The documents include climate change threat assessments for 38 federal agencies as well as a separate set of plans for improving sustainability and reducing greenhouse gas emissions government-wide.
According to Mike Boots, Director of the White House Council on Environment Quality, releasing these documents is a gesture by the Obama administration that it is committed to the sustainability and environmental measures that began when Obama took office in 2009. In October of that year, Obama issued an executive order to reduce government emissions and become more energy efficient.
The White House, Boots told the Washington Post, intends to “leave behind a planet that is not polluted and damaged and protect [its] ability to provide the services American communities depend on.”
Since 2009, the Obama administration claims to have reduced federal emissions by 17 percent and cut water use by 19 percent. Currently, over nine percent of the energy it uses is generated by renewables, but that number is set to more than double by 2020. In the documents released on Friday, other federal agencies reveal their own energy efficiency and emission-reduction figures, as well as their ongoing sustainability plans.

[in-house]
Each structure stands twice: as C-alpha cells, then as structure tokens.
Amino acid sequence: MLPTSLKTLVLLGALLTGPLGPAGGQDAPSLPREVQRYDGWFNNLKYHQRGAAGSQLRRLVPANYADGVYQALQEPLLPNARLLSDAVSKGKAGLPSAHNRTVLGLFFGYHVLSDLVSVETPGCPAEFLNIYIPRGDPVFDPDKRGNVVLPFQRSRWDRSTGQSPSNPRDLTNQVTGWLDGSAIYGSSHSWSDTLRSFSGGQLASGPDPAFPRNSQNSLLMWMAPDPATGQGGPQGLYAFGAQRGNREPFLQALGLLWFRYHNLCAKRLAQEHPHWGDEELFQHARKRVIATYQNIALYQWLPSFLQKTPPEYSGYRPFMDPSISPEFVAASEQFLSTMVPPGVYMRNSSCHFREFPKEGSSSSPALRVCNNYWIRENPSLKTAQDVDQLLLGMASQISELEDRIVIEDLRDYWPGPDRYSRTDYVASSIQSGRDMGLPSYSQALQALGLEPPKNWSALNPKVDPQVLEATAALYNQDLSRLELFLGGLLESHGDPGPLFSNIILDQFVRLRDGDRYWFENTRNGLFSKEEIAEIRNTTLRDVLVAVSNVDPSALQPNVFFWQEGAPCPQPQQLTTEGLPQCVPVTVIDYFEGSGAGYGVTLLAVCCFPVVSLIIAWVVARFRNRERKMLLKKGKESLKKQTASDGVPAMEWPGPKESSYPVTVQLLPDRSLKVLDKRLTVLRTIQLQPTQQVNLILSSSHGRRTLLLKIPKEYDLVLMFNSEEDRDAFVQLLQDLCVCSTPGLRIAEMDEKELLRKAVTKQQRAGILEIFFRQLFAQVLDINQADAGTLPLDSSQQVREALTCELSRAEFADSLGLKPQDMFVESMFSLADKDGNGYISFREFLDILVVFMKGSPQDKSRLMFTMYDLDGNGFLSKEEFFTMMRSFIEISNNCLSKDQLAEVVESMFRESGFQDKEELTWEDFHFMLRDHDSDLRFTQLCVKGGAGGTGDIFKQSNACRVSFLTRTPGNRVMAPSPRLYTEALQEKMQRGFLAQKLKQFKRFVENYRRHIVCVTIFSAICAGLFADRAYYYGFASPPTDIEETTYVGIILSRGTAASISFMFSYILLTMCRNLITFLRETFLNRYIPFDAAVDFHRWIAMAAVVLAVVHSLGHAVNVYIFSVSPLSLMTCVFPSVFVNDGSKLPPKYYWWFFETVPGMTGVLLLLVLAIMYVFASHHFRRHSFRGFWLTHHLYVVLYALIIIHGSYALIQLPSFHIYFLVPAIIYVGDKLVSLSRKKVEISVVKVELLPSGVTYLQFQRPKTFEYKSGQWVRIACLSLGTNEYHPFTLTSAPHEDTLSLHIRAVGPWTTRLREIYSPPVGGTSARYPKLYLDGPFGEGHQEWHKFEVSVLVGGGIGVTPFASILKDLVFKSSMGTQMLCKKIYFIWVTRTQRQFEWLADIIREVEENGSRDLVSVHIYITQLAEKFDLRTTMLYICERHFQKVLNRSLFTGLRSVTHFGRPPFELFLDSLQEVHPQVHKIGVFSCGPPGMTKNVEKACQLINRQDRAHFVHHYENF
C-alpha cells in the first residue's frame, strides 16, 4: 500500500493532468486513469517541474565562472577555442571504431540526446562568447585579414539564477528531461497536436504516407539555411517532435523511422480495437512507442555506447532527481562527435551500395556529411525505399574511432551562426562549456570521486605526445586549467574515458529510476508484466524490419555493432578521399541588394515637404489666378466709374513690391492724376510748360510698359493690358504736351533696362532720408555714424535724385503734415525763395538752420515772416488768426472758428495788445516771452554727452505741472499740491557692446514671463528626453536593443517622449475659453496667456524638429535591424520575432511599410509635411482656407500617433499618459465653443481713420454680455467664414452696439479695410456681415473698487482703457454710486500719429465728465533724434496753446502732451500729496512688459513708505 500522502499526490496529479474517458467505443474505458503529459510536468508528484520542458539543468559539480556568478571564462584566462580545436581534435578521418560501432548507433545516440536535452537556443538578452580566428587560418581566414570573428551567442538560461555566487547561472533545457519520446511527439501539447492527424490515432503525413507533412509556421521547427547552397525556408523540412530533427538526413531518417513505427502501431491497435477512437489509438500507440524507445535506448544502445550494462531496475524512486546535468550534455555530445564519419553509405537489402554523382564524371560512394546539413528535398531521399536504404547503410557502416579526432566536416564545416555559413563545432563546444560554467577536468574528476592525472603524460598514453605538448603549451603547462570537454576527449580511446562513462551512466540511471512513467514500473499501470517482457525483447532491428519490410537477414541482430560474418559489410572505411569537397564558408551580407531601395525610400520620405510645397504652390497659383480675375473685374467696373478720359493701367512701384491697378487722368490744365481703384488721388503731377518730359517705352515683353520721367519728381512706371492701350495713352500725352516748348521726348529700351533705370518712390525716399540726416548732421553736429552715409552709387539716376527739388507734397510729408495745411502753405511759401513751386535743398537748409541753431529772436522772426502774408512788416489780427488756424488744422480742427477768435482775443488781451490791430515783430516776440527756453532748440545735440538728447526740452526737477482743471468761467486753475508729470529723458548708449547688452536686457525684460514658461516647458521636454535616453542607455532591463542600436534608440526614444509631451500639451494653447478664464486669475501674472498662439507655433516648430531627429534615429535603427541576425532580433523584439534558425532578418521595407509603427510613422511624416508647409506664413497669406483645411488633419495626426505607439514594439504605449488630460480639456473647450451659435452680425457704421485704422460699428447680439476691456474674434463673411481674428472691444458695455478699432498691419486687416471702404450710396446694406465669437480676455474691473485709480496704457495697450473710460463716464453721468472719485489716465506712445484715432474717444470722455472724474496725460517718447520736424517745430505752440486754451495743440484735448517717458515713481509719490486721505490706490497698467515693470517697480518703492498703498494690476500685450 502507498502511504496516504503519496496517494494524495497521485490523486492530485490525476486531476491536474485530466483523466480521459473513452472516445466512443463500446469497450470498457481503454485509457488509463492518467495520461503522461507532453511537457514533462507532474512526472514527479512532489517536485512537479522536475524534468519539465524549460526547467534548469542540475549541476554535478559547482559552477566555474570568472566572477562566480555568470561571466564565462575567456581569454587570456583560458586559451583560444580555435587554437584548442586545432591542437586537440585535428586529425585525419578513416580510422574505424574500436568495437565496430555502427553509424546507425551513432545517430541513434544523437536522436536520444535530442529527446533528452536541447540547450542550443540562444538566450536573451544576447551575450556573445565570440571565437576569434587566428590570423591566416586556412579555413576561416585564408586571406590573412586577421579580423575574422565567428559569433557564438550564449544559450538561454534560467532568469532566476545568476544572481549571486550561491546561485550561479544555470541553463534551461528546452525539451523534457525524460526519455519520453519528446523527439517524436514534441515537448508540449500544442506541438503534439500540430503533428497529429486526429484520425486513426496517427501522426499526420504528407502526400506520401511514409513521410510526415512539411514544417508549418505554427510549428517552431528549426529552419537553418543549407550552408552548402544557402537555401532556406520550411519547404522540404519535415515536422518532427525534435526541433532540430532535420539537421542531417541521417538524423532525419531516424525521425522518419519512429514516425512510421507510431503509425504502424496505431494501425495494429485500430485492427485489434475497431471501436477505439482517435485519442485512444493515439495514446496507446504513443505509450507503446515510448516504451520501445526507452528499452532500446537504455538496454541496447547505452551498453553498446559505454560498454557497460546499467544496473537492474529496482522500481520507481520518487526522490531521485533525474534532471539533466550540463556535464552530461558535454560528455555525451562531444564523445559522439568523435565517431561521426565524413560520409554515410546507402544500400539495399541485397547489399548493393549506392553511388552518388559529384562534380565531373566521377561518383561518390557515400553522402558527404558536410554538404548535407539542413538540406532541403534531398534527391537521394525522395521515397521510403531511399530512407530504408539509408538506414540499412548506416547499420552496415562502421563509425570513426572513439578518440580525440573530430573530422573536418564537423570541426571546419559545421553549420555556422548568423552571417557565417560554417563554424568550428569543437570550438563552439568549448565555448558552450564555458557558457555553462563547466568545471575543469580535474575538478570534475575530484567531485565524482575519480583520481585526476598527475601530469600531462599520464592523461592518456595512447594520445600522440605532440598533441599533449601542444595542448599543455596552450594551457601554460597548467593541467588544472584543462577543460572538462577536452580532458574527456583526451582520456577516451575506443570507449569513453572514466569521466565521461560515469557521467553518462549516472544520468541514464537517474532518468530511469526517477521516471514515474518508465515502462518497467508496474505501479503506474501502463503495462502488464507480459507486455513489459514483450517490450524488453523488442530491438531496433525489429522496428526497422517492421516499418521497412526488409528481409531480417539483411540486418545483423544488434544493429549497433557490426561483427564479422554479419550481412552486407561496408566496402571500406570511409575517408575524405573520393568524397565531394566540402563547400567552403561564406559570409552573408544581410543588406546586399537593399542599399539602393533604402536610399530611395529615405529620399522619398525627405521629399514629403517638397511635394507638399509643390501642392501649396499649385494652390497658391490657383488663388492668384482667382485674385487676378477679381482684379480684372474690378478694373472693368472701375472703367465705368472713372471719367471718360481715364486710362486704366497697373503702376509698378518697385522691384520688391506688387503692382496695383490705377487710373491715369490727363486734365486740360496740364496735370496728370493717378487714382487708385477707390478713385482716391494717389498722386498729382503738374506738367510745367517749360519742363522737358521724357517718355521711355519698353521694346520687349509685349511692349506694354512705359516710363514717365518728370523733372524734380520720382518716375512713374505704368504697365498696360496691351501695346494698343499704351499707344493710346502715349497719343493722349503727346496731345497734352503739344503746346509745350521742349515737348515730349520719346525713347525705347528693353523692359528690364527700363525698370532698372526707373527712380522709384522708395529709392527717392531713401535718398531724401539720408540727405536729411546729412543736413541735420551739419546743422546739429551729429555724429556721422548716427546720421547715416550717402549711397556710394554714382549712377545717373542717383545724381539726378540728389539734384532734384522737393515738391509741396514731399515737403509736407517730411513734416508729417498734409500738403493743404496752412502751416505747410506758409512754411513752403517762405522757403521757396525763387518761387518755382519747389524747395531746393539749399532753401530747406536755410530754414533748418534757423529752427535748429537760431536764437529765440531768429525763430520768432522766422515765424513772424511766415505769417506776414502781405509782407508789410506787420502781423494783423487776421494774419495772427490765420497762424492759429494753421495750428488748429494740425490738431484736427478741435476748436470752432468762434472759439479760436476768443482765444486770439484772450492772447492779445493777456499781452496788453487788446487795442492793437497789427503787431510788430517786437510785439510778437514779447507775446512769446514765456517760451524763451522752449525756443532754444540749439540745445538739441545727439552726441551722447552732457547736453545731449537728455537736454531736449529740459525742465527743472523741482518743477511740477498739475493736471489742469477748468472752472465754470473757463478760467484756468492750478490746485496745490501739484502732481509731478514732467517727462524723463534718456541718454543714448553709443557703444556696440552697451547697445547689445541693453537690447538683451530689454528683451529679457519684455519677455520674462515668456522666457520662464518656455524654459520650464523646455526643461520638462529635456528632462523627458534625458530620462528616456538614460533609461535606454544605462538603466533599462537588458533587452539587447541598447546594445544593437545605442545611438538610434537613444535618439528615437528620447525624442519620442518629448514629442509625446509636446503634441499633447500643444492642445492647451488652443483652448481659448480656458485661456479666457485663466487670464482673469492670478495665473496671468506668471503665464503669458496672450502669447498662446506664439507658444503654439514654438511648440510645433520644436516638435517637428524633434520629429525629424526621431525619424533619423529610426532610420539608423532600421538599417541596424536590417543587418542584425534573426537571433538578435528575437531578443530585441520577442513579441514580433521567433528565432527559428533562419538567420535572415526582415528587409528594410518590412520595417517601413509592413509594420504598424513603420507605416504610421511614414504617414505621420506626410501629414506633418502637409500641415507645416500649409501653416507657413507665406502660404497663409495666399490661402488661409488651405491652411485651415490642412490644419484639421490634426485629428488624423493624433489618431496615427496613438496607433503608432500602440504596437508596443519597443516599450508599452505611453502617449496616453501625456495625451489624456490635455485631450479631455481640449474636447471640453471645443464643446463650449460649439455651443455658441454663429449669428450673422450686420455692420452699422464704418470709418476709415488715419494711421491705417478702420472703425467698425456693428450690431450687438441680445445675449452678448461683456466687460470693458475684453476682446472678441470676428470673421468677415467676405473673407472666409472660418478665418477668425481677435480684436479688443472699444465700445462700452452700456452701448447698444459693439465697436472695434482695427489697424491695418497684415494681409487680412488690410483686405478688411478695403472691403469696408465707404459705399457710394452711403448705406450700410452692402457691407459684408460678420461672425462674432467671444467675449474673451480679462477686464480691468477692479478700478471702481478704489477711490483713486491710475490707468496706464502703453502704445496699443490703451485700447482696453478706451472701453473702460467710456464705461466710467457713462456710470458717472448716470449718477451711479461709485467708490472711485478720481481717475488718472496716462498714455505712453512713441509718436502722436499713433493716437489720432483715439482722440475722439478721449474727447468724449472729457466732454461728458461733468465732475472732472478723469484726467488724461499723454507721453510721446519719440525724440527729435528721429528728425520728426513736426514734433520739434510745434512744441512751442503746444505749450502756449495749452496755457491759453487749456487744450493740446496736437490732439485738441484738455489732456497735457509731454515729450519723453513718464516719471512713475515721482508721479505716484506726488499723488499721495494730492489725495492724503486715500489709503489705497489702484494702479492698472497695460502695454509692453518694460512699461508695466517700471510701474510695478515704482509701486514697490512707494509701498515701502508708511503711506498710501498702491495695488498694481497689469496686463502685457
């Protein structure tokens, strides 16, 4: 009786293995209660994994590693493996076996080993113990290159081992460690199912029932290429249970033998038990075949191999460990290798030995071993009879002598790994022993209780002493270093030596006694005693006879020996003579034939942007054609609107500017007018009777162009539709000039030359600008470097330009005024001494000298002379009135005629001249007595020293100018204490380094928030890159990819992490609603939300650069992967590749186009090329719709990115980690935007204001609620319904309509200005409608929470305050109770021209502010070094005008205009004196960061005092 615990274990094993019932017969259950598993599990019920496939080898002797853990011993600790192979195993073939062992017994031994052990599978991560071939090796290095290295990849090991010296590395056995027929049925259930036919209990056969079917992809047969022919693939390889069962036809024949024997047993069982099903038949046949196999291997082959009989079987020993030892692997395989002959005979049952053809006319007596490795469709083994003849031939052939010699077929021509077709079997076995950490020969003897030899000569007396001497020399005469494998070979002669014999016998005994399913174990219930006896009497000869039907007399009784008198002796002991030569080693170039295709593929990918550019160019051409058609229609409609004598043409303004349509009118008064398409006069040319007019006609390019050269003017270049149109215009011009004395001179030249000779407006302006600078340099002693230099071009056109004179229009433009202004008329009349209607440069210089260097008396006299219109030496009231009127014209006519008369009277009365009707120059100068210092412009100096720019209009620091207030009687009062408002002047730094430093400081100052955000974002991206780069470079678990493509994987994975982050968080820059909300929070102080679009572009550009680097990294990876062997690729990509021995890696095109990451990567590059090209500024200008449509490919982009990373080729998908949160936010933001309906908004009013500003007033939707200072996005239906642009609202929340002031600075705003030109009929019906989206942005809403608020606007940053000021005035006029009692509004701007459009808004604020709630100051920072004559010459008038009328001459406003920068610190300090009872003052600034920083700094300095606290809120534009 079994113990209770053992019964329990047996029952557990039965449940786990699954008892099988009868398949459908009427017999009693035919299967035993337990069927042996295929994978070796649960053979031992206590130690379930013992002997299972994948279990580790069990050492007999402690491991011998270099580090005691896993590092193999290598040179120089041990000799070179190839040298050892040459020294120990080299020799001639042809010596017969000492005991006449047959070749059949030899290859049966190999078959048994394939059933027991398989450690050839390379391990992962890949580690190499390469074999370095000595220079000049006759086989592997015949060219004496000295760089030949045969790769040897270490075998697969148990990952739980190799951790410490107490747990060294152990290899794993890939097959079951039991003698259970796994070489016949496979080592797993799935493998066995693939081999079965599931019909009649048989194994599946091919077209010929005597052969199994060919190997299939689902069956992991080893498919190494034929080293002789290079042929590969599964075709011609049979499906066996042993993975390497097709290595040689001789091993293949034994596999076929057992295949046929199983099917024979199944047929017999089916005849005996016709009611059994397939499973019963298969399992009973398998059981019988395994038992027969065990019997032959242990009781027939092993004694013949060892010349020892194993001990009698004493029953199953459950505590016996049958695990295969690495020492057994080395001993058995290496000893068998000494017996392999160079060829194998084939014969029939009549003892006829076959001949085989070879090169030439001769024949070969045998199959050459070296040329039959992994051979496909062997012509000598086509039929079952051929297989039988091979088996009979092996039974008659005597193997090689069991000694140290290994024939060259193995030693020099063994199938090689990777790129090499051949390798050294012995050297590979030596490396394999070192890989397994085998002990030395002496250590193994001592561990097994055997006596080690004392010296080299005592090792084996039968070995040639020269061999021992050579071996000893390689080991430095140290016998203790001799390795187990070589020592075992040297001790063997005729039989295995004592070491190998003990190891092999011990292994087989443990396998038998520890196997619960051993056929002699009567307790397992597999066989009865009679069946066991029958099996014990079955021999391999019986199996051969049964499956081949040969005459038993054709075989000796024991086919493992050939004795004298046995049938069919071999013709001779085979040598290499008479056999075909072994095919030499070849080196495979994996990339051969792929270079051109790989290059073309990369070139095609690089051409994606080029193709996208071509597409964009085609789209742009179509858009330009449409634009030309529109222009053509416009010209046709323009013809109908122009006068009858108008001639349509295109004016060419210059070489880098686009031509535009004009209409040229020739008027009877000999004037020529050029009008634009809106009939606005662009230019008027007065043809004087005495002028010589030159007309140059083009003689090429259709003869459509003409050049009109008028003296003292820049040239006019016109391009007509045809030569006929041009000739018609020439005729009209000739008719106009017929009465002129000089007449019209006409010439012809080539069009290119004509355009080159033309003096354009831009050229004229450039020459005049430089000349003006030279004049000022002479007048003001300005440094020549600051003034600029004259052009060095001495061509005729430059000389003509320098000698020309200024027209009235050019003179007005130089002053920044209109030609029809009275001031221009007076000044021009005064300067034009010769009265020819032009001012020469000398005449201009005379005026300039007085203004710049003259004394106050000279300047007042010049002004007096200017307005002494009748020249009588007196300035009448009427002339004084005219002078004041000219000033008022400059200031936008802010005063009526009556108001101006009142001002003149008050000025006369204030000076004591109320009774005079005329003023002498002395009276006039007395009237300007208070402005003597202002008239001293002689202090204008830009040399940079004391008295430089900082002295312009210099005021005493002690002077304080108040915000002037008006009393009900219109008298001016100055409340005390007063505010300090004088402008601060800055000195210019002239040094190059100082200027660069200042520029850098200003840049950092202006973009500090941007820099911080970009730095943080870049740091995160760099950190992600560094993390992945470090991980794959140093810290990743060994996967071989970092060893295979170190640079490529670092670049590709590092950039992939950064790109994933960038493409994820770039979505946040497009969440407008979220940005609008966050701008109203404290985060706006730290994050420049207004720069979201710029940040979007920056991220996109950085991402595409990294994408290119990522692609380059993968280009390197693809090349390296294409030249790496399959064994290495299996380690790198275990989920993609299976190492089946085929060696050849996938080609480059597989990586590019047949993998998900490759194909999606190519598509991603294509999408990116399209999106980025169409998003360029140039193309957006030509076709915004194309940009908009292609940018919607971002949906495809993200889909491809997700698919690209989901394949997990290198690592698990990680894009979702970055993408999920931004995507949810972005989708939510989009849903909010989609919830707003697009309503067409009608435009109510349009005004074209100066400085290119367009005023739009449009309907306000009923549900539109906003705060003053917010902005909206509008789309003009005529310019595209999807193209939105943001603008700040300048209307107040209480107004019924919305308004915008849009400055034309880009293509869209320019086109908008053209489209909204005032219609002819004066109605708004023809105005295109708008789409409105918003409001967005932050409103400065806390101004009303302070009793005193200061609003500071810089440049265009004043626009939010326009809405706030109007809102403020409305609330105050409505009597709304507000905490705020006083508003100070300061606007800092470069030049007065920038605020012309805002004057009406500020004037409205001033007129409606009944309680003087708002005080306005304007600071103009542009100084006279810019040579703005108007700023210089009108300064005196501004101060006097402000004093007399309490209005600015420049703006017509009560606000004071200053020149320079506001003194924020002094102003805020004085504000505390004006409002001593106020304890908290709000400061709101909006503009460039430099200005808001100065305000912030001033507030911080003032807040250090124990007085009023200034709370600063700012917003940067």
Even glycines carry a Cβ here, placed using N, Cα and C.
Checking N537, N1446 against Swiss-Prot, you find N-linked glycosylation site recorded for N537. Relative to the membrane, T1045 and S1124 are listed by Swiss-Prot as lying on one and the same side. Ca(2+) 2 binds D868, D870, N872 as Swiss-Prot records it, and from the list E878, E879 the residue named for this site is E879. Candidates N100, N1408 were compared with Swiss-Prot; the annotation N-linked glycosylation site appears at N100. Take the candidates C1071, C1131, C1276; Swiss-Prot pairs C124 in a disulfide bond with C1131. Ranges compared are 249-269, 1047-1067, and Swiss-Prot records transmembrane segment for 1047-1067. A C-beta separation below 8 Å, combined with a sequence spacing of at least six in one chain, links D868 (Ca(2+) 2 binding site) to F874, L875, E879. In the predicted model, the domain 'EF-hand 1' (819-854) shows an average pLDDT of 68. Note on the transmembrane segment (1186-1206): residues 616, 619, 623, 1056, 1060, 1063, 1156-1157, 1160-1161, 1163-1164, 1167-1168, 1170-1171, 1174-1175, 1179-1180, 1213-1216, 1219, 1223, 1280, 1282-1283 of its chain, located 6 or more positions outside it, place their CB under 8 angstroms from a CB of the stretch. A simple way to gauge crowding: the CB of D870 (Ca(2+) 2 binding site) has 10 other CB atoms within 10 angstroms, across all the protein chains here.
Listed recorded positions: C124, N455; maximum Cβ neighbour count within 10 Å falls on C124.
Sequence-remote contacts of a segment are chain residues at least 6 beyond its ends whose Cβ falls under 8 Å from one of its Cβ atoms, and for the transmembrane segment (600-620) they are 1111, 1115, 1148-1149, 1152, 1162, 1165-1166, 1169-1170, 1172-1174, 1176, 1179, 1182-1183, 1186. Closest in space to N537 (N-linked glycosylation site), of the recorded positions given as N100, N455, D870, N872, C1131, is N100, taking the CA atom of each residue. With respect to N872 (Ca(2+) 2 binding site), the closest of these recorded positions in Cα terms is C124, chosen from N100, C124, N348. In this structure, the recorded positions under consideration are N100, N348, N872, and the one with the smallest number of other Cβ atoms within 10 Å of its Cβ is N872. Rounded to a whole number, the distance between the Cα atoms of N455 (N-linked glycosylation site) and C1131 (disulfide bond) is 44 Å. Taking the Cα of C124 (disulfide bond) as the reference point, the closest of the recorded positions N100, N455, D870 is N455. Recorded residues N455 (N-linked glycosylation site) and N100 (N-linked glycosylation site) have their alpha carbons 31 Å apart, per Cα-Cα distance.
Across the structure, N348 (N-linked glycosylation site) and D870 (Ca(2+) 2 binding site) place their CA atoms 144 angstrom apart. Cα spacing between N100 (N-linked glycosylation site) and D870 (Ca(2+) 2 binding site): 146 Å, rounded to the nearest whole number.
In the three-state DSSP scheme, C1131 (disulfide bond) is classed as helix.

As to threats posed by climate change, the Department of Agriculture warns that bigger, costlier wildfires are an undeniable certainty in the future. In its adaptation report, the Department sees “the potential for up to 100 percent increase in the number of acres burned annually by 2050.”
The Department of Health and Human Services says more frequent and extreme heat events will increase the likelihood of vector-borne diseases like West Nile virus and Chagas disease and the spread of plant-based allergens that cause asthma and allergic reactions. Climate change, the Department writes in its report, is “one of the top public health challenges of our time” and is “anticipated to have its greatest impact on people whose health status is already at risk and who have the fewest resources to address or adapt to climate change risks.”
Climate change also poses a potential threat to future space missions, as reported by NASA. “Many Agency assets – 66 percent of its assets when measured by replacement value – are within 16 feet of mean sea level and located along America’s coasts, where sea level rise and increased frequency and intensity of high water levels associated with storms are expected.”
The Department of Defense has also released an updated version of its climate adaptation plan. The Secretary of Defense, Chuck Hagel, has long been a proponent of climate action, warning in a speech last week that preparing for climate change is “critically important” to U.S. security.